TB: Okay, then the library expansion. What was the library like when you first came? Was it still only the Thiry addition to the library?

RC: The library consisted of the original building and the additions put on in 1962, designed by Paul Thiry of Seattle, which were kind of odd looking wings tacked onto the building with colored glass windows, different colors on each floor. There was a yellow floor, a red floor, and a green floor as I recall, or a blue floor, maybe there were all four of those colors, I just donít remember exactly. These colors were glass inserts in the windows, just about halfway up the window, so that no matter where you were sitting on any of those floors you couldnít really see out a window because the colored glass was in the way. If you really wanted to see what was going on outside you had to bend over or stand up, which was an annoyance to everyone. That also gave rise to the labeling of book trucks which were assigned to each floor, and so there was painted on the ends of the book truck the color and wing, the west wing or east wing. And so you had "West Yellow" or "East Green" painted on the book trucks. It was an ugly building to my taste. But the main reason that the planning of the new addition came about was the need for more space because that space was quickly filled up.

TB: Were there other complaints people had about the building other than not being able to see out and the colors?

RC: I donít remember.

TB: Were there things people really liked about that building?

RC: Of course, by the time I came, I doubt if there were many complaints coming in. The complaints had already been accepted. The plans were drawn for expansion of the building, which meant the destruction of the walls and windows. I donít know what kind of complaints there may have been, if any.

I do know one complaint though that came, but this had nothing to do with the building, it had to do with the tolerance of smoking. We had smoking in the building on one floor of the library, which happened to be the floor that the science collections were on, and it was a member of the chemistry department I remember that registered a complaint about smoking on the science floor. As I recall, the end result was that that was the end of smoking in the library. We were a lot more tolerant of smoking of course in those days. But we still smoked in our private offices. Dan and I were both smokers in those days. We smoked in our coffee in the morning with Bob Lawyer. But both of us gave up smoking I think about the same time. I gave it up because my children had been brainwashed at school and they kept hassling me about it. I had already cut back quite a bit, so I just quit, about 1972. I think Dan quit about that same time. And the library, of course the public areas of the library had long since forbidden smoking.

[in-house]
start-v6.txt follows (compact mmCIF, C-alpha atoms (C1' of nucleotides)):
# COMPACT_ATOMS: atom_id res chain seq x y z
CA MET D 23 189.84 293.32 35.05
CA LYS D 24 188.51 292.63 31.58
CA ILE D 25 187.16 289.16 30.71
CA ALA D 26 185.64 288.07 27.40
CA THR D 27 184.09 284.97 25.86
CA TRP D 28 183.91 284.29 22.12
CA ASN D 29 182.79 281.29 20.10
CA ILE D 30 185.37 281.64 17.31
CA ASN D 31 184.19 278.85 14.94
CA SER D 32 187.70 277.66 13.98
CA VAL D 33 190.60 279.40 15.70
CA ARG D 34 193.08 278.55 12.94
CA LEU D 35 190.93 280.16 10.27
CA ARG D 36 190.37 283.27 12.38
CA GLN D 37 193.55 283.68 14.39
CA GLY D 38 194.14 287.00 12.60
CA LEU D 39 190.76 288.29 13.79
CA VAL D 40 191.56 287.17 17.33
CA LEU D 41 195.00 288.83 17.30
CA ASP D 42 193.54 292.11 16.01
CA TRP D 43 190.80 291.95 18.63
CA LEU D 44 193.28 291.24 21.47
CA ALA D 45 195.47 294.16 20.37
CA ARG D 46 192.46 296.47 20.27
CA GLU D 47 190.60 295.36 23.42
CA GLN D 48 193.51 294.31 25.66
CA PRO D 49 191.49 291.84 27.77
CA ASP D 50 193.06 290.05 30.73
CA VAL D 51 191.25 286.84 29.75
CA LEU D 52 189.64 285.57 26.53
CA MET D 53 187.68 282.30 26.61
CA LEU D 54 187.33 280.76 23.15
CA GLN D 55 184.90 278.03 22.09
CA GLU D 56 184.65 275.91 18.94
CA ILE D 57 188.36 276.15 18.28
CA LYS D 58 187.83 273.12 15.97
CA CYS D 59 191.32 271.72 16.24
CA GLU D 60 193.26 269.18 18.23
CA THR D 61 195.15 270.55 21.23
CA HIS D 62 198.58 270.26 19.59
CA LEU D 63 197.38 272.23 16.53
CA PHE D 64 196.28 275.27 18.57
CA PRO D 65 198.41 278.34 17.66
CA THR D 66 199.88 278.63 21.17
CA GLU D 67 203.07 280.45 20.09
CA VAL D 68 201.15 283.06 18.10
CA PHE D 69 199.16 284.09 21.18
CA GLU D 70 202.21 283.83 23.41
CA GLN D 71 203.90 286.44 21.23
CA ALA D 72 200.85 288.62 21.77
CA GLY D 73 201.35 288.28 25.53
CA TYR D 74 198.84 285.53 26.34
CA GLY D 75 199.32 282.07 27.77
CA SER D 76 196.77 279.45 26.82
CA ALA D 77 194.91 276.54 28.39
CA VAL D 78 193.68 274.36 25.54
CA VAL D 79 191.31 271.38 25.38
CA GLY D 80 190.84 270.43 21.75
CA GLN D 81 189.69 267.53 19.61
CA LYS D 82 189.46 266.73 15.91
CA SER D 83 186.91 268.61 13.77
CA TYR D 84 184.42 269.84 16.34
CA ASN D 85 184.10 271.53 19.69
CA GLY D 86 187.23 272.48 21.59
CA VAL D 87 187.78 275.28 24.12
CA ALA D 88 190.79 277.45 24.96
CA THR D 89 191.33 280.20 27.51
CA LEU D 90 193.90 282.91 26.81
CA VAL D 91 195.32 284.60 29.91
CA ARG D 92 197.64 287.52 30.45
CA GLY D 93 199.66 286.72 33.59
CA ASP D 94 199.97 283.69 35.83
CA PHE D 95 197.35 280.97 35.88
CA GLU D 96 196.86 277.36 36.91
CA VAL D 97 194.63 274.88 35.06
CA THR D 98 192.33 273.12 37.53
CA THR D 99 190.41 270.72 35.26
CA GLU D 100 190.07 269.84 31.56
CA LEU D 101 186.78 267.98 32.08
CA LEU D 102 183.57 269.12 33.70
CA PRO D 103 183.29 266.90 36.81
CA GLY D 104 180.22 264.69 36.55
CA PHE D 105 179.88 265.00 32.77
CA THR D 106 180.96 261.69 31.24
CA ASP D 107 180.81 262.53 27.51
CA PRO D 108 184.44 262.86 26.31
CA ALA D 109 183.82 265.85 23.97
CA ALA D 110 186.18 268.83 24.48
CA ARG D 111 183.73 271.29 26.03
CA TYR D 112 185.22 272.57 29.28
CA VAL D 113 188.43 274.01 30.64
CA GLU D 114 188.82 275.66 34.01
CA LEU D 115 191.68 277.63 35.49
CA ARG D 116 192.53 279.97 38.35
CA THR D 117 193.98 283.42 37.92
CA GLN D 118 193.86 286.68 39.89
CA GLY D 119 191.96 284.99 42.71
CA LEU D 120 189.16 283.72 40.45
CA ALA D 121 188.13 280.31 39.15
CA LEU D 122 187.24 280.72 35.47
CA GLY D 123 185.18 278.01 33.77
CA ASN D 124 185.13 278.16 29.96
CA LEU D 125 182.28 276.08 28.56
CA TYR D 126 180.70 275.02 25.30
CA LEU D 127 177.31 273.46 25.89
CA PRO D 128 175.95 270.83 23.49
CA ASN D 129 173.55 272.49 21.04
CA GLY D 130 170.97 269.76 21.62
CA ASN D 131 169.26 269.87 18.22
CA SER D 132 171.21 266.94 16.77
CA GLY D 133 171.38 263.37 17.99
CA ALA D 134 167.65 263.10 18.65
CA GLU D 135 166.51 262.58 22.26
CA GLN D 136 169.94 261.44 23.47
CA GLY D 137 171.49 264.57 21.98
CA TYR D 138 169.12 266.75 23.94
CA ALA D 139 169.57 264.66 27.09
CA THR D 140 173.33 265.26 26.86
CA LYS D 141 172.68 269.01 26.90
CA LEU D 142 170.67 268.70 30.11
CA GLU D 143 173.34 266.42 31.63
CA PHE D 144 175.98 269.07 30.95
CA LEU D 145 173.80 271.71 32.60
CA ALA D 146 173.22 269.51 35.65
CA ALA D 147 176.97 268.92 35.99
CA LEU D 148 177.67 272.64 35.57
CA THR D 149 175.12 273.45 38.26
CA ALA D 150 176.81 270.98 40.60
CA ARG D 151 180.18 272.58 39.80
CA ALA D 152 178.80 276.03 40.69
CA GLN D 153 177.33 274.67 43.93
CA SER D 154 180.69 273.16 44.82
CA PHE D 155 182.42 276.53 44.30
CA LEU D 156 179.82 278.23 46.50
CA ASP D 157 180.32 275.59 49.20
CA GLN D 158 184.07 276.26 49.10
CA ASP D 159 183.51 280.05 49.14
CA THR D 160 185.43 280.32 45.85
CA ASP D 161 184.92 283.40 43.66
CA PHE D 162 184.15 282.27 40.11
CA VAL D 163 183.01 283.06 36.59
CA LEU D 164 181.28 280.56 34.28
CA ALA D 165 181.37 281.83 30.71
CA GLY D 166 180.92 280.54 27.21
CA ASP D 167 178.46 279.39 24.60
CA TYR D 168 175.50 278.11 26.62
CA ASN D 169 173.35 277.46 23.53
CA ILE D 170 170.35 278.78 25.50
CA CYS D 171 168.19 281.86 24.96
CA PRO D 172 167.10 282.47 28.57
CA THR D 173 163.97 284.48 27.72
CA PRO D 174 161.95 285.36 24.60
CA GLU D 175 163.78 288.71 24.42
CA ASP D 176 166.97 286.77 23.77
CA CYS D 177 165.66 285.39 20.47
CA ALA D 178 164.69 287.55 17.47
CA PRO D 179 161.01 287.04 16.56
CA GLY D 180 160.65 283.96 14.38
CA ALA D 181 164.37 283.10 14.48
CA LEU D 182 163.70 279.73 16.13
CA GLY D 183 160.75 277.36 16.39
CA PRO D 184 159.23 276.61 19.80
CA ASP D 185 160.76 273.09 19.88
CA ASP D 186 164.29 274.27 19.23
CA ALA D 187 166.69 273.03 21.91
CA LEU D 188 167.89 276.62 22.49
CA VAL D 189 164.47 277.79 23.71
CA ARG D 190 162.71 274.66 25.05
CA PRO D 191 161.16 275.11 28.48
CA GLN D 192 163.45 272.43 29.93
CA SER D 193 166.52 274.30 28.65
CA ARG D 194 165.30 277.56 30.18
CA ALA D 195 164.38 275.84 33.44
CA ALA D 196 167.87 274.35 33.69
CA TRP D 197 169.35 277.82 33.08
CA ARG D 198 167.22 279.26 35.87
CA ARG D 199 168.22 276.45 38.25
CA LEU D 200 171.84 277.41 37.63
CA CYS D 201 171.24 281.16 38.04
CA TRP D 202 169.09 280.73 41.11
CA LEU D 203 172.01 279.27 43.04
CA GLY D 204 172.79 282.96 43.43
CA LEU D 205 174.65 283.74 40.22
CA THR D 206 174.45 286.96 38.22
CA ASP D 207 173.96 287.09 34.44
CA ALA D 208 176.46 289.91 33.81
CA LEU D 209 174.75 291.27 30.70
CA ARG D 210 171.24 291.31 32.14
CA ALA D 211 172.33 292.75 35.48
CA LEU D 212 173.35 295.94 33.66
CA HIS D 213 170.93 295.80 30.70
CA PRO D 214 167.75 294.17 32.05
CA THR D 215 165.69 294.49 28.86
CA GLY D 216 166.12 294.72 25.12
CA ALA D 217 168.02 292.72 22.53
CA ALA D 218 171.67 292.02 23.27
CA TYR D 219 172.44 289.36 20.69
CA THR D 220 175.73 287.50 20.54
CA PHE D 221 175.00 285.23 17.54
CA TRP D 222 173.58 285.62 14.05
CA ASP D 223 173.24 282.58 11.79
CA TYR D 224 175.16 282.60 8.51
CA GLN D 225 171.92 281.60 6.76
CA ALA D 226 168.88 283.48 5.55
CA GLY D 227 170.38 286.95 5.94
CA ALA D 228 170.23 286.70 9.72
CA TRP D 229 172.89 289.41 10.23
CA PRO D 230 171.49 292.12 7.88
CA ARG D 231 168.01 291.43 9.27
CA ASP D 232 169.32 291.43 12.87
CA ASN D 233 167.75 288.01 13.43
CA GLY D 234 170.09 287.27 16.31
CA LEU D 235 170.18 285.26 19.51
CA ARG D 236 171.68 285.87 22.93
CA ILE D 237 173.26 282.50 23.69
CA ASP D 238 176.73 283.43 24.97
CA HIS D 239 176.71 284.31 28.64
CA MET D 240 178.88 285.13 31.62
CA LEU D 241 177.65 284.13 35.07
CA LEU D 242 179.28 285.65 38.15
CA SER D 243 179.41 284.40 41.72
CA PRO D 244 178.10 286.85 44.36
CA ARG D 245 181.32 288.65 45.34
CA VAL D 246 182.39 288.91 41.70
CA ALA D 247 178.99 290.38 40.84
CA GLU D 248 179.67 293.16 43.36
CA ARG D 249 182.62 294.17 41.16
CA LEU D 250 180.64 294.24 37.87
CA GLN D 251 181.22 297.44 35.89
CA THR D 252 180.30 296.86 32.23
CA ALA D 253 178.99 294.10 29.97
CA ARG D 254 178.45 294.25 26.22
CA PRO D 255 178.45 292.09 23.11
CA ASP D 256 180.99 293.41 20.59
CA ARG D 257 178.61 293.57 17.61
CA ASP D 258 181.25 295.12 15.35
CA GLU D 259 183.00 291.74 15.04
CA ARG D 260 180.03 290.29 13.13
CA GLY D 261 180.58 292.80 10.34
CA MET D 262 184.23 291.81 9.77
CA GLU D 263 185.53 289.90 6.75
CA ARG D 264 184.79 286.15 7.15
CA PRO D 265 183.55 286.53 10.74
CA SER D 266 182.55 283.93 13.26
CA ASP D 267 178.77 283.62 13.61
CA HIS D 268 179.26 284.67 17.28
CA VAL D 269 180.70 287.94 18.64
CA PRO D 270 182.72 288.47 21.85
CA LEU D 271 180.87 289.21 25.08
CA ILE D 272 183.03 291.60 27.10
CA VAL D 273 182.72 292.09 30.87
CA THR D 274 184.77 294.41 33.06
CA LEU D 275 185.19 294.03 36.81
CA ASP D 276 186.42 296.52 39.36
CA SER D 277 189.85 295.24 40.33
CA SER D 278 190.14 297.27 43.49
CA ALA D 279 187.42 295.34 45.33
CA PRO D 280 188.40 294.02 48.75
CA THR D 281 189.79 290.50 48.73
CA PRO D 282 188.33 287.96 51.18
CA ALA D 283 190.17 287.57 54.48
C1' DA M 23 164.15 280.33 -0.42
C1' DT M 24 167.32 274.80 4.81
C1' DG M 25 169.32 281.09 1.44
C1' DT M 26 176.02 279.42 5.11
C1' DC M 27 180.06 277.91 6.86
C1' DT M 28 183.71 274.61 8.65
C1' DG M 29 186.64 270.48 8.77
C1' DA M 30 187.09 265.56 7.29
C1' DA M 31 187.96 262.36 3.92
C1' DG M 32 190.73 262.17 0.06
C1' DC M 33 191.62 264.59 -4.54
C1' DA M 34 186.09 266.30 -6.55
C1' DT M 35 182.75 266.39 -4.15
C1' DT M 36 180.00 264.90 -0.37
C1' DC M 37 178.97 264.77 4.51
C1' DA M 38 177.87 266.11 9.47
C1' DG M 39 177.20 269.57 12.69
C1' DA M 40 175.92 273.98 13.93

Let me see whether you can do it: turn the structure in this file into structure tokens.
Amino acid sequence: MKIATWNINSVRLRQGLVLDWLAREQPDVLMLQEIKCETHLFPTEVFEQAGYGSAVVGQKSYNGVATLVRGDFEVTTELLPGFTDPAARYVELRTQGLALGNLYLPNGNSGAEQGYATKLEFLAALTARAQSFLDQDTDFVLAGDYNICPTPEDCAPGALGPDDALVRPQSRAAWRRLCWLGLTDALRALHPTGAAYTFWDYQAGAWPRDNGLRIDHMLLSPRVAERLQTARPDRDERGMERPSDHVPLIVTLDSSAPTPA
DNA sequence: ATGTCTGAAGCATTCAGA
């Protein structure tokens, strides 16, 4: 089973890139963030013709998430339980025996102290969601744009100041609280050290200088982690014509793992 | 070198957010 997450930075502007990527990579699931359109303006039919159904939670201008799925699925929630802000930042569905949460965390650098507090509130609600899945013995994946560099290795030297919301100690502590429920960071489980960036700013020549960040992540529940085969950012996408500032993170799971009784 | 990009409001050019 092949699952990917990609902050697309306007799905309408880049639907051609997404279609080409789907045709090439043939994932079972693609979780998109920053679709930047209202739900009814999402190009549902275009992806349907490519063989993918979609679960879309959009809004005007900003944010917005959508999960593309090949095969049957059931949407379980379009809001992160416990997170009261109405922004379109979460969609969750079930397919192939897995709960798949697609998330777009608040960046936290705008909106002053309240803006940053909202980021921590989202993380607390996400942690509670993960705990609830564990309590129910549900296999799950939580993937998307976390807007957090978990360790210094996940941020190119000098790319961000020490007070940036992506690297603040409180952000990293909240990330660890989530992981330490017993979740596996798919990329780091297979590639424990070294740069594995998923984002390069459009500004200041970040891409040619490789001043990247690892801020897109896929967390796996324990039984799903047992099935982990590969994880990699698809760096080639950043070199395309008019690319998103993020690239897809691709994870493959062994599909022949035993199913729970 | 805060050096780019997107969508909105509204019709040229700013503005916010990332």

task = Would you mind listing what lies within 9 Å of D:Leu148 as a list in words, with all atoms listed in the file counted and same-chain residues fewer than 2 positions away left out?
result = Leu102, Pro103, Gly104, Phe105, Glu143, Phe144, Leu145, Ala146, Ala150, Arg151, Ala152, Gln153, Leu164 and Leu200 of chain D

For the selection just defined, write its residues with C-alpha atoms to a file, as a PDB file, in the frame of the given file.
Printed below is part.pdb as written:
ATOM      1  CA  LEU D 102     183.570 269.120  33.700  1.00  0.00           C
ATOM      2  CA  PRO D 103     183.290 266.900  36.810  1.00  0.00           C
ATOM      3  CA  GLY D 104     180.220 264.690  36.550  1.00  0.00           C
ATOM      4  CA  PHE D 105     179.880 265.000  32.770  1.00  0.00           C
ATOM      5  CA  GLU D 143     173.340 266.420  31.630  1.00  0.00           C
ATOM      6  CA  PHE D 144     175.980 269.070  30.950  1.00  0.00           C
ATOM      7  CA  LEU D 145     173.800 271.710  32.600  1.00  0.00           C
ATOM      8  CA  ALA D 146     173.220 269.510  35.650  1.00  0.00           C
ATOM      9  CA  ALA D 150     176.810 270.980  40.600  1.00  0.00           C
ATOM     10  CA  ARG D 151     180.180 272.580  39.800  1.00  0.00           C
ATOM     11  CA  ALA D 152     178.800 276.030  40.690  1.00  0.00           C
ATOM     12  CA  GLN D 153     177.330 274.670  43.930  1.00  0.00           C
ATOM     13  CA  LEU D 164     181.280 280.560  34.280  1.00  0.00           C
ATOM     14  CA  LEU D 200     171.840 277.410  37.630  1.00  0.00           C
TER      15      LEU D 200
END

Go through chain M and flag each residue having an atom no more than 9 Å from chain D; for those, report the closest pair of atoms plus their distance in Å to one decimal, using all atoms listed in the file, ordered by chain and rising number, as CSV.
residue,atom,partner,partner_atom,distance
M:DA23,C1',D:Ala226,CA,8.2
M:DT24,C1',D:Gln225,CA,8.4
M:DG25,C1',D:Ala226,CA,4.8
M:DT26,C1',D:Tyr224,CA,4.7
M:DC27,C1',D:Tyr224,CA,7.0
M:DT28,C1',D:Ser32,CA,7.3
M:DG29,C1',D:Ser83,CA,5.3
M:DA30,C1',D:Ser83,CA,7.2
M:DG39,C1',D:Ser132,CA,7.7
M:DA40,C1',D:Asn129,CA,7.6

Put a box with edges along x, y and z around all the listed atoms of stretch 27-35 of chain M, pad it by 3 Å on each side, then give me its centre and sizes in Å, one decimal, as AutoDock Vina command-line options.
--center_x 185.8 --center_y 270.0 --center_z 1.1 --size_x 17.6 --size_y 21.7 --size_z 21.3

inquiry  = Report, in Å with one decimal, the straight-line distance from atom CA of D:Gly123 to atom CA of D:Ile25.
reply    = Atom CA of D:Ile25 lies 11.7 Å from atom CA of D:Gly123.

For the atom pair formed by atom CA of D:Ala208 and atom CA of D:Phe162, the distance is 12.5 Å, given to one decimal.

TB: The second addition was in the process of being planned at the time that you came, and yet at the same time in my mind there were a lot of changes going on because we hired you and Mr. Mather, and it looked to me like we hired several other new librarians. Do you remember was there a lot involved in planning almost as the construction was going on, or making major changes to the plan that had been proposed?

RC: Boy, I really canít remember details like that. There were meetings constantly during the construction because everything that was going on was affecting library operations in some area or another, and so there were meetings every day between the contractor and the architectís representatives, and people from the library, people from the physical plant and the architectís office on the campus. Just constant as the files show, these meetings were continuous. As you can imagine, this kind of construction sooner or later affected everybody working in the library. Every department had to move at least once during the construction phases. The reconstruction, the new construction and the destruction of the old affected, in the end, every room in the library.

TB: I believe phase one was the east side and can you describe a little bit about that, what portion was phase one and what you remember of the shifting?

RC: To me, phase one and phase two were all one thing. I canít remember in any detail how these things came about. What happened was that they had to construct the framework on the outside walls of the new addition before tearing down the old. They had to have some security, outside security of permanent wall before you could take the old walls down. Now somewhere thereís probably a record that shows when each wing was done. As far as Iím concerned, it was all one thing going on. The smaller expansion was on the east wing, and the west wing went out considerably further, all the way to the street. But it was the destruction phase, which went on interminably, that was the most disruptive because when they were jack hammering those walls down, you couldnít hear a telephone ring let alone hear what was being said on it. That was pretty hard. Ear plugs were furnished to everybody. I really canít recall in any detail those phases of construction.

TB: You told me before, but it would be nice to get it on the tape here, some of the heroes that you thought were involved, like Carolyn Mendenhall and people who had to deal with a lot of the shifting?

RC: Everybody in the library as I mentioned sooner or later had to move around, but it was the people in charge of the shelving of the books and the periodicals who had the most to do. Carolyn Mendenhall was the stack supervisor who was responsible for the re-shelving of books. At various times they had to pick up whole areas of book collections and move them somewhere else temporarily, before they were moved back into the new stack area that was being developed. Kay Crocker was the periodicals supervisor and had to do the same thing. Of course it was their student assistants who did the physical work under their direction. And then the reference department had to vacate its area. At different times, not only was the whole periodical collection laid out, all the bound volumes on the floor of the big reading room upstairs, but at another time the reference collection was laid out there. To make room for that, all of the tables in that big reading room had been moved into storage. Of course in fact a lot of them had already been put into storage because the education library was in that big reading room. So a lot of the old tables had been moved into storage even before that to make room for the strange place that the education librarian had developed on that floor.